Re: wpoison, is it okay?
> On Mon, Dec 17, 2001 at 01:35:48PM +0000, Sunnanvind wrote:
> Er, no, that's not how you read it. You conjectured just like I did.
> The actual license text says nothing of the sort.
Ehm, yes. That's what I meant. Sorry.
> > Here, I disagree.
> > This is a different situation since in the case of Zope, the button
> > be forcibly placed; with your interpretation of how this license is
> > intended (as opposed to what it says - again, it has to be cleaned
> Look, a copyright holder can "intend" to put his work under the MIT
> license, but if his actual license text consists of the GNU GPL, guess
> while one is binding upon the users?
The GPL of course; that's why I did say that it has to be cleaned up (and
I did mean before it's admitted into Debian, but I was unclear there).
> Where license text is not DFSG-free, but the author's intentions are,
> is best to get the author to rewrite his license.
> License texts are legal documents and anyone who takes it upon him- or
> herself to write one needs to be damn careful about it.
... and of course.
> > it's only if you include the logo on your page, and what would be the
> > reason to do that if you wouldn't link to the wpoison page?
> People might have all sorts of reasons. Maybe they'd want to point the
> link to a rival, forked wpoison project. Maybe they just don't like
> image tags inside href's.
The way I conjecture the license writers intentions; you still can point
to a rival, forket wpoison project *as long as you don't use the official
image*; and if you don't like image links, just don't link to the page at
all (in which case, don't use the logo).
> > This is a small requirement not much different from the new BSD-
> > license's "always include this notice in the source code"
> No, it's very different from the "always include this notice in the
> source code" requirement. It's more similar to the BSD advertising
> clause which was retracted by the University of California.
The way I read the BSD-license, people can't just take the code, remove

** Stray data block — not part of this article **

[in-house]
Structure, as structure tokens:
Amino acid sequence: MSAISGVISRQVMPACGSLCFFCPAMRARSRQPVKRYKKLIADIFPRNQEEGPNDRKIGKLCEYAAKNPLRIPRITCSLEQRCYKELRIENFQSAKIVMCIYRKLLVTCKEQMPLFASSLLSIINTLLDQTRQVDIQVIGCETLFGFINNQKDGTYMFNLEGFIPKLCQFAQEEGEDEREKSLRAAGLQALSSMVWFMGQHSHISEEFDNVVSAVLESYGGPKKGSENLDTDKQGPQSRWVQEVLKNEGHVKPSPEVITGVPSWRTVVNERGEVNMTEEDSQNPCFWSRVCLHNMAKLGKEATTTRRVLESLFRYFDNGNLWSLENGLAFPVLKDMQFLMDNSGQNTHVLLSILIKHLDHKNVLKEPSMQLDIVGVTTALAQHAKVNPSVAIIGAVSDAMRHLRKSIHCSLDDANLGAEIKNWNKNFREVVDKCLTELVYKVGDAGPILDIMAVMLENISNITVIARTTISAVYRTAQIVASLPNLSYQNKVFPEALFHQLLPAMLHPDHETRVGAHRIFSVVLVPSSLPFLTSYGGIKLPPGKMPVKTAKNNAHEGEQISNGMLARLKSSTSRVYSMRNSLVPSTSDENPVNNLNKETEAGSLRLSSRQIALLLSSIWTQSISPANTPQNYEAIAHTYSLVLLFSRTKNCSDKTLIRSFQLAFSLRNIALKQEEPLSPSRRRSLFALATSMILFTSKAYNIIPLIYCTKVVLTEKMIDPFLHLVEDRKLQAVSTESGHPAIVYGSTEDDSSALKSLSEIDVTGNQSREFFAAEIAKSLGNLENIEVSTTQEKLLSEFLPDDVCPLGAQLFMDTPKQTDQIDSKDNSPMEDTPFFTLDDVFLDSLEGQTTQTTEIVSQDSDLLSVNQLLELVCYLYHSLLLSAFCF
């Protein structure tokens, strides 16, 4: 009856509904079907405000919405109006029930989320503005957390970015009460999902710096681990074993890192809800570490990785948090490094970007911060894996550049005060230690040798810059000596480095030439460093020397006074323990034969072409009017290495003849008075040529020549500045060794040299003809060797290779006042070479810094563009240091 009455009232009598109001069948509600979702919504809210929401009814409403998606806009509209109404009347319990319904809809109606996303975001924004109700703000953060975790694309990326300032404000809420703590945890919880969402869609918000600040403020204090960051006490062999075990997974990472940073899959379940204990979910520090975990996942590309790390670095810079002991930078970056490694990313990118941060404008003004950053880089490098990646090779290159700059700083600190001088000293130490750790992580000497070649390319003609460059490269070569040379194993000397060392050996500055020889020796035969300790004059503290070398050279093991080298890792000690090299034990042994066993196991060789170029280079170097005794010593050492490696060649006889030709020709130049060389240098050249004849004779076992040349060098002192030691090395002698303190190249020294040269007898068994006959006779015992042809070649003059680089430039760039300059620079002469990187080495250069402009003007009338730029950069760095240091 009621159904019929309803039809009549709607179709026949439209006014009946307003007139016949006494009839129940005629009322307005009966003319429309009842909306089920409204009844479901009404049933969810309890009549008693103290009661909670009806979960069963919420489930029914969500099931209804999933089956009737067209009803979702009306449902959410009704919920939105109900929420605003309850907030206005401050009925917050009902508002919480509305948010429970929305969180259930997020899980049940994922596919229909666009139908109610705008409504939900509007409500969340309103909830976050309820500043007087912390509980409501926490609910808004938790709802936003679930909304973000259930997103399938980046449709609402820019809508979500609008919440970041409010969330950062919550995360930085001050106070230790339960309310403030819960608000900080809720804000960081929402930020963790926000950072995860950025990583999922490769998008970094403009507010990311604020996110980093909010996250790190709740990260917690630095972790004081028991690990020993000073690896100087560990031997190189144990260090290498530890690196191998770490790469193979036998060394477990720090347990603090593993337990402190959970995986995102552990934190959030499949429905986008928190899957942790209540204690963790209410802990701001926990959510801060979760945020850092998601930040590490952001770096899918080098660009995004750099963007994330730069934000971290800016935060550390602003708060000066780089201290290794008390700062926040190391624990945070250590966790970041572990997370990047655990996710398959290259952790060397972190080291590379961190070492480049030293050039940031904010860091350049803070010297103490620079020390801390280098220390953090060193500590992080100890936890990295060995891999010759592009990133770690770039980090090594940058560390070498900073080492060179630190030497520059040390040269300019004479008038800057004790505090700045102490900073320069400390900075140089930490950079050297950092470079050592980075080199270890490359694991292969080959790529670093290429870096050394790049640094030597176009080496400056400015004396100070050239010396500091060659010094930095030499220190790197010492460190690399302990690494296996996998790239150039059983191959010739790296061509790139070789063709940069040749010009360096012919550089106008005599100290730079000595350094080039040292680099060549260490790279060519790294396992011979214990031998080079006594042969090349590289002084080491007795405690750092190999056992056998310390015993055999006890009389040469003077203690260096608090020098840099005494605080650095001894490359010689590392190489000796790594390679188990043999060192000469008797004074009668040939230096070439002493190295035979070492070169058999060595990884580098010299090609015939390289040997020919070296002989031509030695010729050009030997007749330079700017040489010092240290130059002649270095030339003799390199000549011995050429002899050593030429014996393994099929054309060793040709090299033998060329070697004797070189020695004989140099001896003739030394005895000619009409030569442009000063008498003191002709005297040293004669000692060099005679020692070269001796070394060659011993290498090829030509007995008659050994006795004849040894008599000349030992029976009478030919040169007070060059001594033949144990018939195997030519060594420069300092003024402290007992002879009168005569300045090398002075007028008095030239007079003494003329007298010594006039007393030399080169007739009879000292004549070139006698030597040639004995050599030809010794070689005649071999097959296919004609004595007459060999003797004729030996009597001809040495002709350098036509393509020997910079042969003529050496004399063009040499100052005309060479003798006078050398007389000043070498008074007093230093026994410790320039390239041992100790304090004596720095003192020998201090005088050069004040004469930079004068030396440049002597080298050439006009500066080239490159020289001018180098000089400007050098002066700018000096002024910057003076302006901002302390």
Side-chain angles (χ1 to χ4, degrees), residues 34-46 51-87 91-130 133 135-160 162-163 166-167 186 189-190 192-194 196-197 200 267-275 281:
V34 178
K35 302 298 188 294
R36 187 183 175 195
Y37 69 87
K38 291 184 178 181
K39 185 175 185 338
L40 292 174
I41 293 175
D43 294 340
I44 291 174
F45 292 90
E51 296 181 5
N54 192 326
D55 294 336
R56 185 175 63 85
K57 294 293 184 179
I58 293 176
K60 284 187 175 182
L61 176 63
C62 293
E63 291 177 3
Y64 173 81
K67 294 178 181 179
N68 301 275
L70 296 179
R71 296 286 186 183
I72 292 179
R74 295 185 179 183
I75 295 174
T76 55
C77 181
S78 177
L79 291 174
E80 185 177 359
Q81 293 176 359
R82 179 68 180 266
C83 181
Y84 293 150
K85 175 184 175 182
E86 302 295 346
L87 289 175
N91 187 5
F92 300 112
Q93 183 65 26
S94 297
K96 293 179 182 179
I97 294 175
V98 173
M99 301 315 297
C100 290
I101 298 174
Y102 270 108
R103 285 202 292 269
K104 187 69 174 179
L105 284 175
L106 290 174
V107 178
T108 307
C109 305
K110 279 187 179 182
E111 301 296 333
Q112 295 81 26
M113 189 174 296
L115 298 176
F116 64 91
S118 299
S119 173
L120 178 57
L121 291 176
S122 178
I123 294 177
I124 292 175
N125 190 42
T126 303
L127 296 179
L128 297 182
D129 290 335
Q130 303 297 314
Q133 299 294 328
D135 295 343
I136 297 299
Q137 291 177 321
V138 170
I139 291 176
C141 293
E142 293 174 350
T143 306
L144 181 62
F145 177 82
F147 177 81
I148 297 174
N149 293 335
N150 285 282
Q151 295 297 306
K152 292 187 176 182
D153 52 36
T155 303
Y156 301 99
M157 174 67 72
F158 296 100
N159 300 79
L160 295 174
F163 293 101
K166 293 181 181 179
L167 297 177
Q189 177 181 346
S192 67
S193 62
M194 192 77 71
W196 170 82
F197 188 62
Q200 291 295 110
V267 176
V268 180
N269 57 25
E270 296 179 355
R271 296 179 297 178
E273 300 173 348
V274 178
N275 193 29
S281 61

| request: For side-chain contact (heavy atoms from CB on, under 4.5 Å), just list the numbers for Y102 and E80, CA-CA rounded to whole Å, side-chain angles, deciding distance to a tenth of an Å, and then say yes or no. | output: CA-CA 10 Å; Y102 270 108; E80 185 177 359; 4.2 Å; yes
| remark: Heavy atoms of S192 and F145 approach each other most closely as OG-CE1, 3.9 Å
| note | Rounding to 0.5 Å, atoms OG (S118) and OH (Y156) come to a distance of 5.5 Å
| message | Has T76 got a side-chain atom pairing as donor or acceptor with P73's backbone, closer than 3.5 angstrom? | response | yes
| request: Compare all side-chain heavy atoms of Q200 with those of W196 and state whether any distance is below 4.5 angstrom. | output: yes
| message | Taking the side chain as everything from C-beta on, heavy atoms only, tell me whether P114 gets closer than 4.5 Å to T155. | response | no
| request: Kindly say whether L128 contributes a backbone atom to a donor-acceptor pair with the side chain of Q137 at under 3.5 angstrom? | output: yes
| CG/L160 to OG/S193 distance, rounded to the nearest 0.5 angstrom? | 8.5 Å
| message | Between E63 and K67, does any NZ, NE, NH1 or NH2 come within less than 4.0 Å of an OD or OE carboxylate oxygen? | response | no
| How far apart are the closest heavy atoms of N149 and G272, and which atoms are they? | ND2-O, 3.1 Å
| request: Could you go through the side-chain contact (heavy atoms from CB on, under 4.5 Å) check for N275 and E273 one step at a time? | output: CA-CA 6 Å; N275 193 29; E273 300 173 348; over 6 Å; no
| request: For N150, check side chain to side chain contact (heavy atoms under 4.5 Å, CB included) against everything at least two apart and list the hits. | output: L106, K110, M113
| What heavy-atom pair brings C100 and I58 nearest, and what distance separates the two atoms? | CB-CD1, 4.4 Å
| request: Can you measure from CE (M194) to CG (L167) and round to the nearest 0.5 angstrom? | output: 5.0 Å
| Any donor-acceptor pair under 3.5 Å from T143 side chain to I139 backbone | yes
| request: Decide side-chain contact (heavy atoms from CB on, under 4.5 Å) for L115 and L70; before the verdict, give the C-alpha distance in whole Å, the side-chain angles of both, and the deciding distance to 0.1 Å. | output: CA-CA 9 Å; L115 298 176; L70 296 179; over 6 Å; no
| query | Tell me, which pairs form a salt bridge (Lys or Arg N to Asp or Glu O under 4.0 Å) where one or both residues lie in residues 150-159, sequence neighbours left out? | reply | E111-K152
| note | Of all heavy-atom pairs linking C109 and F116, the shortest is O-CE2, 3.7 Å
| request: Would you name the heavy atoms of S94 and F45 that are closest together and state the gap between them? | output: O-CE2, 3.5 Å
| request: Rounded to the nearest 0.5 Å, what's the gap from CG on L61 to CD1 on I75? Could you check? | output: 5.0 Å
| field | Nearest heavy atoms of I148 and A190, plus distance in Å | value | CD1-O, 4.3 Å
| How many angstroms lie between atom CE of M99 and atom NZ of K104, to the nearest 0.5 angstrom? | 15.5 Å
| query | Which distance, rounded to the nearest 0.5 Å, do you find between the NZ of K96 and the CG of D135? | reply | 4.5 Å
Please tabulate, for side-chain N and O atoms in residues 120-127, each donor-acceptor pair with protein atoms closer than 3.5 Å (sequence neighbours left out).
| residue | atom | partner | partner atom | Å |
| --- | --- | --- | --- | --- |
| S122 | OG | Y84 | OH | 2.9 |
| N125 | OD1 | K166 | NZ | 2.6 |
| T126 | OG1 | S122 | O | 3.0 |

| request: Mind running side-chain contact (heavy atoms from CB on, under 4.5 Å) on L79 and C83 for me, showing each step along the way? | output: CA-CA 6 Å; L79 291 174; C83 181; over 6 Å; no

the notice and say "Hey, I wrote this!". It requires credit where credit
is due (much like the GPL).
I interpret what I suspect is the intended requirements (which, yet
again, is not written clearly enough) as "If you use the image on a web
page, you must link to the official wpoison page". (Whether software like
that should go into main or non-free, I don't know, but I do not see it
as a reason to reject it from non-free.)
What's written can also be interpreted as "If you use this program, you
must display a linked logo on your web page". (Very similar to the zope
case; but unlike the zope case it's doesn't break dfsg 3, which zope
would've done since it would automatically put the picture there and non-
removability of that code would break dfsg 3. [That might've been a
misunderstanding from me.]) In this case, I guess main would be out of
the question, but how about non-free?
For the eight time (or so, I don't keep count), yes; the license has to
be restated clearly before a decision can be made. The reason I even
entered this discussion was the "hyperlinks in an image"-part which I
believed was just a simple mistake on your part. I beg your pardon for
any percieved rudeness, I mean no ill vibes.
The obnoxious advertising, old BSD-license is listed by the FSF as a free
software license; GPL-incompatible but free. I don't know what Bruce has
said about it since I haven't had time to read all of the archives from
all of the debian lists yet.
Sunnanvind (doesn't want to be voted off the island)